California governor won't deliver State of the State speech
SACRAMENTO, Calif. (AP) — California Gov. Gavin Newsom won't give a State of the State address this year, shunning the teleprompter that has frustrated him because of his dyslexia in favor of a statewide tour this month, in which he can highlight his major policy goals in a more informal setting.
It's a break from tradition for Newsom, a Democrat and potentially a future presidential candidate who has attempted many times to reinvent the speech for modern audiences. He has tried devoting the entire speech to just one topic — homelessness in 2020 — and using Dodger Stadium during the pandemic to give exhausted residents a pep talk about “ brighter days ahead.”
Scripted speeches have given Newsom trouble because of his dyslexia, a common learning disability that makes it harder for him to read and do other things related to reading. It's why he rarely uses notes in his public appearances and memorizes vast amounts of facts and figures. Last year, he invited lawmakers to hear his speech in a large auditorium in Sacramento in part because he could use a larger screen, according to the governor's office.
Just about every governor in the U.S. gives a State of the State address, which mimics the State of the Union speech given by the president to Congress every year. The California Constitution requires the governor report to the state Legislature every year “on the condition of the State.”
Prior to World War II, governors would fulfill this requirement by sending a letter to the Legislature. That changed in the 1940s, when former Gov. Earl Warren — who would later become chief justice of the U.S. Supreme Court — began giving a formal speech to the Legislature, according to Alex Vassar, who works at the California State Library and acts as an unofficial historian of the Legislature. Governors have been giving speeches ever since.
This year, Newsom plans to fulfill his constitutional requirement by sending a letter to the state Legislature. Next week, the governor’s office says, Newsom plans to embark on a four-day tour of the state to highlight his priorities.
“Long gone are the days of an hourlong gubernatorial address on prime-time TV that everyone went into their living room and watched,” said Matt Barreto, a political science professor at the University of California, Los Angeles, who was one of President Joe Biden's pollsters during the 2020 election. “Perhaps the governor is thinking there are more effective ways of going out into the community and speaking directly to voters.”
Newsom has talked openly about his dyslexia, including writing a semi-autobiographical children's book in 2021, pledging to donate all proceeds to the International Dyslexia Association. The condition hasn't slowed him down. Newsom has given two major speeches already this year: his second inaugural address and a hourslong budget briefing for reporters, both in January.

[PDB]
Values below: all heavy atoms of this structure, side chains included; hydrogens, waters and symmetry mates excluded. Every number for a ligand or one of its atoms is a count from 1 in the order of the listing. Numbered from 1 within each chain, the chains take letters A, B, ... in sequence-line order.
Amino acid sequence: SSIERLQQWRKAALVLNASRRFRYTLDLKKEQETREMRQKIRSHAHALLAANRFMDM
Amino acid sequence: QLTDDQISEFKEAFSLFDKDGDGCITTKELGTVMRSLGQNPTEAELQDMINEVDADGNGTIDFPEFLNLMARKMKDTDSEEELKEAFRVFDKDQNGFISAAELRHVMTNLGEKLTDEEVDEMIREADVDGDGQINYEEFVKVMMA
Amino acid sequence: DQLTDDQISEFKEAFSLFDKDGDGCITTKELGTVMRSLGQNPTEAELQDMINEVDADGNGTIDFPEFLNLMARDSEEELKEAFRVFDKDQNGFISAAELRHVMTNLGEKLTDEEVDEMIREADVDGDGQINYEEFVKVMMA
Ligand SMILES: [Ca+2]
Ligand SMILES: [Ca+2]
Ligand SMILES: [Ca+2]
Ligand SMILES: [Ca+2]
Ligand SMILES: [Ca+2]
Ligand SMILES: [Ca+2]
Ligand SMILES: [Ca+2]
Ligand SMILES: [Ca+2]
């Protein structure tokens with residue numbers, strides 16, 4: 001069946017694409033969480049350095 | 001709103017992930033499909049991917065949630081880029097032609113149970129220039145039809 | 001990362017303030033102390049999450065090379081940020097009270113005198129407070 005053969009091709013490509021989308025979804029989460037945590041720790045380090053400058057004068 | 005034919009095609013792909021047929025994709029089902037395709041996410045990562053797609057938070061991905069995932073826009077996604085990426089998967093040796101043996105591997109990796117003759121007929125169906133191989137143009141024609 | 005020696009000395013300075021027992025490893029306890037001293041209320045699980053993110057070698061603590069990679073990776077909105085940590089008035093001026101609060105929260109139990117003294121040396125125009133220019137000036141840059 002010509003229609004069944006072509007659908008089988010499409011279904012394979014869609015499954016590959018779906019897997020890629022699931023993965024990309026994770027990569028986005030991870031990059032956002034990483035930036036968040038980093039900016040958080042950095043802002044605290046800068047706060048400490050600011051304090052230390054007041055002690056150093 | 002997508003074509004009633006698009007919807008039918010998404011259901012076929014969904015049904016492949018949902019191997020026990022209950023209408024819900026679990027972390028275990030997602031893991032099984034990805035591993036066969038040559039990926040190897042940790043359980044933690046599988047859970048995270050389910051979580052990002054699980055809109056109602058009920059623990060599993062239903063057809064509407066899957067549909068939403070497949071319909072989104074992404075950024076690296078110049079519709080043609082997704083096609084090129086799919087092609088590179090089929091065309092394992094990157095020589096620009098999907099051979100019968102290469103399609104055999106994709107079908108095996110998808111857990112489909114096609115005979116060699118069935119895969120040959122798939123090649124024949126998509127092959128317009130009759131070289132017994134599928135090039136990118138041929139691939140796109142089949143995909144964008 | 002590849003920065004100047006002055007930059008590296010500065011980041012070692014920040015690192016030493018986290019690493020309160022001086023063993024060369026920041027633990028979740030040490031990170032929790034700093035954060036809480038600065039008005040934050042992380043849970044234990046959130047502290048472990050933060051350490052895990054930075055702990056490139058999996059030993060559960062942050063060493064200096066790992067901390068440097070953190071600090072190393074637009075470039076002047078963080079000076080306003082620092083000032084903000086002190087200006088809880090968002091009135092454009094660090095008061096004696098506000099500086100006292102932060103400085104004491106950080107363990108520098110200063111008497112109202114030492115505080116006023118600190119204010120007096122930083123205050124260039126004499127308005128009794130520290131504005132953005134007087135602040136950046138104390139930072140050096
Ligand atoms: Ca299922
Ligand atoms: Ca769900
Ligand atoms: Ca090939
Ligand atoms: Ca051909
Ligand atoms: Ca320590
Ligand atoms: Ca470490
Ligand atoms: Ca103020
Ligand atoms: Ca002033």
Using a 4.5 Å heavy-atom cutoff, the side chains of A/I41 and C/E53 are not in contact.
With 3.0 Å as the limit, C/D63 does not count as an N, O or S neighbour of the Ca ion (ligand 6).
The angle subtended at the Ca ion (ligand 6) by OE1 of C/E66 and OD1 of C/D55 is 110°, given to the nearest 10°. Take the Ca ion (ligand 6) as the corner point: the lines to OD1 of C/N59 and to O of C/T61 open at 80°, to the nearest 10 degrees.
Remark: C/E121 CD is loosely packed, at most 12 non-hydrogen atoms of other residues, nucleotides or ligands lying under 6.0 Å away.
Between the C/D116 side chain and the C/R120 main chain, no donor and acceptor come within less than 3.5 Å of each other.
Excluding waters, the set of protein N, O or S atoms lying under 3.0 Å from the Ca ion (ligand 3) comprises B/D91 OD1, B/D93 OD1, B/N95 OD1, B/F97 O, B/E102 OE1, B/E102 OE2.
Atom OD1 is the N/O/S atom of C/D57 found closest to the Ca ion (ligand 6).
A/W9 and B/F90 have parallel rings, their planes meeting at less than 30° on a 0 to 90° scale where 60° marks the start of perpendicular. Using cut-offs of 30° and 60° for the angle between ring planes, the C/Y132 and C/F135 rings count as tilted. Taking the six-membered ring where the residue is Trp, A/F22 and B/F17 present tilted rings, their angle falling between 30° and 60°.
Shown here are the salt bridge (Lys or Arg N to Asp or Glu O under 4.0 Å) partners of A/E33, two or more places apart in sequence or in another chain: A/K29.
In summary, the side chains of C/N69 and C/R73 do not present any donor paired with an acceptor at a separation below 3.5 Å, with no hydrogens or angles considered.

“Building on his inaugural address and January budget, the Governor looks forward to fulfilling his constitutional obligation to update the Legislature on the state of the state — and joining lawmakers across California to outline transformative policy proposals that will strengthen our communities,” Anthony York, Newsom's senior adviser for communications, said in a text message.
Tom Lackey, chair of the Assembly Republican Caucus, called Newsom’s tour a way “to distract from his record of failure.”
“The format of his message is less important than its contents — an honest State of the State should acknowledge that California is in trouble,” Lackey said, pointing to issues like inflation, crime and homelessness.
In recent years, California's State of the State speech has faded from public view. Many governors would deliver the speech in the morning to a joint session of the Legislature, far from prime-time audiences. Those speeches served a different purpose, marking the beginning of negotiations with legislative leaders and allowing the governor to set the agenda for lawmakers' work ahead.
Newsom's biggest policy goal this year is to pass a law penalizing big oil companies for making too much profit. Newsom says it will help rein in the rising cost of gas, which hit an all time high last summer of nearly $6.44 per gallon. The Legislature has yet to act on Newsom's proposal, with some Democrats voicing concern about the proposal at a recent public hearing.
“The main complaint about the governor in Sacramento is that he doesn't communicate with the Legislature for them to know where he stands on controversies and what he prioritizes,” said Thad Kousser, a political science professor at the University of California, San Diego. “By canceling his one big date with the Legislature, he could really be costing himself with this insider audience.”
Not so, says Assembly Speaker Anthony Rendon.
“If anything, I think this helps build the relationship between individual members and the governor, particularly at a time when we have almost a quarter of the body is new,” Rendon said. “I think it's great. No, it's not at all a sign of tension between us.”
This story has been updated to delete an incorrect reference to Alex Vassar as a librarian.